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Newton Message Pad
Newton Message Pad
Launched: Aug. 16, 1993
Specs: 2 MB memory, 16 MHz processor

The Newton was one of the earliest PDAs (personal digital assistants) to be released. But the bulky, heavy devices were saddled with software that was at best, clunky. They were quickly overtaken by the speedier Palm Pilots. An episode of the Doonesbury strip famously took the Newton to task on its handwriting recognition capabilities: The phrase "catching on?" is rendered by the comic Newton as "egg freckles?"
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Power Macintosh
Power Macintosh
Launched: Mar. 14, 1994
Specs: 8 MiB memory, 60 MHz processor

The first Apple computer with a PowerPC processor, known as Power Macintosh (and later Power Mac) was launched in spring 1994. The line's last entry, the Power Mac G5 (above), was launched in 2003 and discontinued in August 2006.
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Power Macintosh G3 and PowerBook G3 (Beige)
Power Macintosh G3 and PowerBook G3 (Beige)
Launched: Nov. 10, 1997
Specs: 32 memory, 233 MHz processor

In January 1997, Apple's then-CEO Gil Amelio announced a first-quarter loss of $700 million. A recently returned Steve Jobs would soon be selling company shares as the stock price fell, even as he worked behind the scenes to get the board to fire Amelio. Within months, Jobs was named interim CEO at the struggling company and slashed the total number of projects Apple was working on from some 350 to 10. Above, Jobs spoke at a press conference on the day the G3 line was launched. BusinessWeek noted: "As fix-it strategies go, this one is bold."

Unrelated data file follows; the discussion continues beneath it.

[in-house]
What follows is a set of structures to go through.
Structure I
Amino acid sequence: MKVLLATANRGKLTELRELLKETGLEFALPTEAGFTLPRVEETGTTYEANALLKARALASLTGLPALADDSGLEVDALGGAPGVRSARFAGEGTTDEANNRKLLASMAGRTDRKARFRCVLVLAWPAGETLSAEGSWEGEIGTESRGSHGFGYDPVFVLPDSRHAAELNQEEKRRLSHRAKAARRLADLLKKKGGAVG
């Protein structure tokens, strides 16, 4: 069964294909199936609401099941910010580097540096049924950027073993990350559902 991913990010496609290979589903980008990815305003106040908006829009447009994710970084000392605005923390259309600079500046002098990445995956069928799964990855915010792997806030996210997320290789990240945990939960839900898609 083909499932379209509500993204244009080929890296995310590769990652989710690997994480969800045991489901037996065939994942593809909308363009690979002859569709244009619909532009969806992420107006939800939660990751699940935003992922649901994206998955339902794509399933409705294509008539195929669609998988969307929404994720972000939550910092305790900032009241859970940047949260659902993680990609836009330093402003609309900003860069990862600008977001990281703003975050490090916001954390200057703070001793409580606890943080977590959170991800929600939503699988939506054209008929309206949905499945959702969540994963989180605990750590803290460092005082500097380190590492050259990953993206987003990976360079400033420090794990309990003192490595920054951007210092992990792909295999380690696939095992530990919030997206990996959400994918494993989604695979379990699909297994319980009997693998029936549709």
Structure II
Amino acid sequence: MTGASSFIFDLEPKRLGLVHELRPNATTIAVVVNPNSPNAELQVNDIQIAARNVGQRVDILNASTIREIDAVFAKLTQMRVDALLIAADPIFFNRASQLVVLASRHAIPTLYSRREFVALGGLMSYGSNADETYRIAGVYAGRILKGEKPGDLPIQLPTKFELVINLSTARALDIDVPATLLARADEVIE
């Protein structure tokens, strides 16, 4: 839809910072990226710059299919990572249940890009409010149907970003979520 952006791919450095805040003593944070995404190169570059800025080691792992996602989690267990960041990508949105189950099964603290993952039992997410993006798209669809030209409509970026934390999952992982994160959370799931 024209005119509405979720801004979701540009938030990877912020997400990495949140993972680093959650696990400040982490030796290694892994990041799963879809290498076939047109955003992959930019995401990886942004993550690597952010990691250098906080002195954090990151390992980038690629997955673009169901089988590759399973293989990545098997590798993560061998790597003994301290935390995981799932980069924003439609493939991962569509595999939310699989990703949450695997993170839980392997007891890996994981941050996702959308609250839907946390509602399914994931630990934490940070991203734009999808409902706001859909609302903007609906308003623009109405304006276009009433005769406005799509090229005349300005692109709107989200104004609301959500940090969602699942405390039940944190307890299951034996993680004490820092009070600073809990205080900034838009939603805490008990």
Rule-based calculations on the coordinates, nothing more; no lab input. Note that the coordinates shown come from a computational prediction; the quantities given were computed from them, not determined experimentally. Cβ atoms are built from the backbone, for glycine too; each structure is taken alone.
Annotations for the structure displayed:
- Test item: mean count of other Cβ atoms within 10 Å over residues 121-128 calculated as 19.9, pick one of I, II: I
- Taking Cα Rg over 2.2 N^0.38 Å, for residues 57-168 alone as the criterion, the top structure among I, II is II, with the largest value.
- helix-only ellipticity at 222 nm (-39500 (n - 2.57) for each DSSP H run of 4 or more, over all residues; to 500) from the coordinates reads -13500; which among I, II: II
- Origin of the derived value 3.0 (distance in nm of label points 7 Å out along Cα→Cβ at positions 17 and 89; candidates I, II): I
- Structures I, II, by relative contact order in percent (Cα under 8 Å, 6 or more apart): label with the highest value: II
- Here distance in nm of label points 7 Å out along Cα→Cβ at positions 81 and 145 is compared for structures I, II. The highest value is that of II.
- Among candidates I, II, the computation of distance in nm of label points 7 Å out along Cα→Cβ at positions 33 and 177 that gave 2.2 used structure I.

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IMac G3
IMac G3
Launched: Aug. 15, 1998
Specs: 32 MB memory, 233 MHz processor

After the company had spent more than a year in the red, Steve Jobs announced in January 1998 that Apple had returned to profitability. The iMac was previewed in May and released that August. The new computer heralded the end of floppies and the beginning of a networked world. Two million sold in two years. In November, a Fortune article stated the obvious: "A year and a half ago, Apple had no future; now it does."
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Power Macintosh G3 (Blue-and-White)
Power Macintosh G3 (Blue-and-White)
Launched: Jan. 5, 1999
Specs: 64 MB memory, 300 MHz processor

The redesigned line of Power Macintosh G3 computers was sufficiently distinct from the beige version of the computers released under the same name in 1997 that the blue-and-white version essentially represented a new line.
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IBook
IBook
Launched: July 21, 1999
Specs: 32 MB memory, 300 MHz processor

Called an "iMac to go," the iBook was an immediate success. Time called Jobs a hero on the scale of Odysseus and Simba from The Lion King. The article read: "Apple products dazzle by giving us what we didn't know we wanted but suddenly can't live without."
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IPod
IPod
Launched: Oct. 23, 2001
Specs: 5 GB storage

As Apple was developing and releasing a suite of software for the digital consumer—iMovie, iTunes, iDVD, and iPhoto—the company released the first iPod. It was compellingly designed, with 5GB of storage, a fast FireWire connection, and seamless connection to iTunes. It wasn't the first—or last—Apple gadget that consumers lined up to buy.
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ITunes Store
ITunes Store
Launched: Apr. 28, 2003
Specs: 10 billion songs downloaded by February 2010

In April 2003, Apple unveiled the iTunes Music Store and sold five million songs in eight weeks. Above, Steve Jobs launched the store in the U.K. in June 2004. By that time, 700,000 songs were available for download.